USF&G slashed loss to $40 million in 4th quarter Insurer was in the red $610 million a year earlier

January 30, 1992|By Timothy J. Mullaney

USF&G Corp. drastically reduced its fourth-quarter loss in 1991, to $40 million in the period from $610 million a year earlier, the company said yesterday.

The fourth-quarter results reflect the last major charges from USF&G's restructuring, Chairman Norman P. Blake Jr. said, noting that the corporate overhaul was virtually complete.

"It appears that the numbers came in slightly better than we were looking for, but not enough to cause any major investment decision changes," said Michael A. Lewis, insurance analyst for Dean Witter Reynolds Inc. in New York.

Stock in the Baltimore-based insurance company rose 25 cents, to $9.25 a share, yesterday. It rose sharply in active trading earlier this week, jumping $1 a share Monday.

USF&G spokeswoman Kerrie Burch-DeLuca said the stock had been helped by a bullish article in Barron's magazine over the weekend that noted USF&G executives had been buying shares in the company near the end of 1991.

Last year's fourth-quarter loss included $26 million in restructuring charges and a $24 million loss related to the company's decision to discontinue investment management operations, USF&G said. Those one-time losses were partly offset by income of $16 million from investments.

USF&G has been restructuring since 1990, reducing its staff by 27 percent and selling or closing a number of non-core businesses.

The 1991 fourth-quarter loss worked out to 62 cents a share, 23 cents a share coming from continuing operations and the rest from the special charges. Mr. Lewis had expected the company to lose 49 cents a share from operations, including a $24 million loss resulting primarily from an in vestment management business that USF&G counted as non-continuing because it was put up for sale during the quarter.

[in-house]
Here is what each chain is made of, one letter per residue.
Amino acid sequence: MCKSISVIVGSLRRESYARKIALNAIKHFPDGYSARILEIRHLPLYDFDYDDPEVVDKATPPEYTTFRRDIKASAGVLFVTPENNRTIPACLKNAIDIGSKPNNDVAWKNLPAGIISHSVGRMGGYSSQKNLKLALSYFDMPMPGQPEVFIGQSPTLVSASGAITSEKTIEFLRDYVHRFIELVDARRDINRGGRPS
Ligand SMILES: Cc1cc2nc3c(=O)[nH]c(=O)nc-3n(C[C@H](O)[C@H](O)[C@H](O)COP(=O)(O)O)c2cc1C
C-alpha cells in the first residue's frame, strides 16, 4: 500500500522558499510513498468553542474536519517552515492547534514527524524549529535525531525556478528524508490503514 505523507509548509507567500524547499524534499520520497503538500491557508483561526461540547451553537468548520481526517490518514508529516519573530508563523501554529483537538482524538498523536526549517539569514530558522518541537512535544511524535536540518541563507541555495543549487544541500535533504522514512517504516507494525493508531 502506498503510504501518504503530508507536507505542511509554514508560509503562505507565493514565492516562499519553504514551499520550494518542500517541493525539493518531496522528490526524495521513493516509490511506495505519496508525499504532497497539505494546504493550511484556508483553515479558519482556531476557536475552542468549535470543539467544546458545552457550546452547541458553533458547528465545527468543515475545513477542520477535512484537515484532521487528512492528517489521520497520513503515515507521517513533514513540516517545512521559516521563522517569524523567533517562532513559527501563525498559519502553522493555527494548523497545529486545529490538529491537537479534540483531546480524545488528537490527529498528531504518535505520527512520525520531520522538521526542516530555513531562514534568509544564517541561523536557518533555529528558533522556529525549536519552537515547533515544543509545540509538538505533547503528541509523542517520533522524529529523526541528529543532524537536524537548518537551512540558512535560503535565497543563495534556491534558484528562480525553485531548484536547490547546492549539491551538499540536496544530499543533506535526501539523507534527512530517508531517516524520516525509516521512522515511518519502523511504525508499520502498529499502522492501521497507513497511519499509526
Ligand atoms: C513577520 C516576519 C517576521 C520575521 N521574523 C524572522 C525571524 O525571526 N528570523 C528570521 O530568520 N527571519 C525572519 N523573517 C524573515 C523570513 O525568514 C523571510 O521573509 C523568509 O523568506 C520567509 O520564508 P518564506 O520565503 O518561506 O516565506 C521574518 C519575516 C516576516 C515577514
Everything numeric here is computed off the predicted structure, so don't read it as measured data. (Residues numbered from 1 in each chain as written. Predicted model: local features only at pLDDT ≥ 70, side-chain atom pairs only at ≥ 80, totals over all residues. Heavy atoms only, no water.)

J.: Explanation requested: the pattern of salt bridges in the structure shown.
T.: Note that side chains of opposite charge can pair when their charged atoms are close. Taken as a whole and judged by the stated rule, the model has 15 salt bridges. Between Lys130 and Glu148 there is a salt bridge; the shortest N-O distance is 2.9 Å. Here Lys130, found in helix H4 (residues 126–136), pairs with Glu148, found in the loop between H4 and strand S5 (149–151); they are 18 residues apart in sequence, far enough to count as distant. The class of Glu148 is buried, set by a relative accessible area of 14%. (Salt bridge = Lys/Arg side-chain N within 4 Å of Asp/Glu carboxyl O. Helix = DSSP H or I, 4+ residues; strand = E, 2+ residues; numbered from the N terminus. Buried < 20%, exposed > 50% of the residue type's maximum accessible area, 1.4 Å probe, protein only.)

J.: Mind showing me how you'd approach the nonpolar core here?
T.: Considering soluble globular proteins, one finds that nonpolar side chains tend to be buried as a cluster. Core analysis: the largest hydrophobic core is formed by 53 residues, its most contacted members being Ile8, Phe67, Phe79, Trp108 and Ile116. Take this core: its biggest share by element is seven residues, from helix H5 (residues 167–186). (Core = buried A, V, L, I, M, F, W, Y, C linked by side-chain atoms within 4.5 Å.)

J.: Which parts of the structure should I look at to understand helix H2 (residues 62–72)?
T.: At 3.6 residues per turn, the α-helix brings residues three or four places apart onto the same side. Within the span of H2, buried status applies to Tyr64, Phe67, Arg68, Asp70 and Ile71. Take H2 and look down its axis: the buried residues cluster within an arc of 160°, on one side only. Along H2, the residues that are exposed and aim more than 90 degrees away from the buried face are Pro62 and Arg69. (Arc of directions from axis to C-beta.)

"USF&G ended 1991 with its business restructuring essentially completed," Mr. Blake said. "These actions, which were necessary to achieve long-term profitability for the company, continued to impact earnings in the latest quarter."

USF&G said its core property and casualty insurance business made a $17 million profit on operations during the fourth quarter of 1991, despite a weak insurance market.

The company said the profit was the best for the property and casualty business since the second quarter of 1990 and resulted from USF&G's resisting the price-cutting that has hurt it.

But Mr. Lewis said the momentum will be hard to sustain. USF&G will have a hard time breaking into the black for 1992 because the intense competition among property and casualty insurers shows no signs of easing, he said.

Ms. Burch-DeLuca however, said, "We think there's every opportunity for profit this year because our cost structure is drastically lower." USF&G is de-emphasizing volatile insurance lines such as workers' compensation and will emphasize different products at different branches.

Three months ended 12/31/91

.. .. .. Revenue .. .. .. Net .. .. .. Share

'91 ..1,020,000,000 .. (40,000,000) (0.62)

'90 ..1,168,000,000 .(610,000,000) (7.32)

% change .. .. .12.7 .. .. .. .. .NA .. . NA

12 months ended 12/31/91

.. .. .. Revenue .. .. .. Net .. .. .. Share

'91 4,100,000,000. ..(176,000,000) (2.53)

'90 4,500,000,000. ..(569,000,000) (6.99)

% change .. .. 8.9. .. .. .. .. . NA .. . NA

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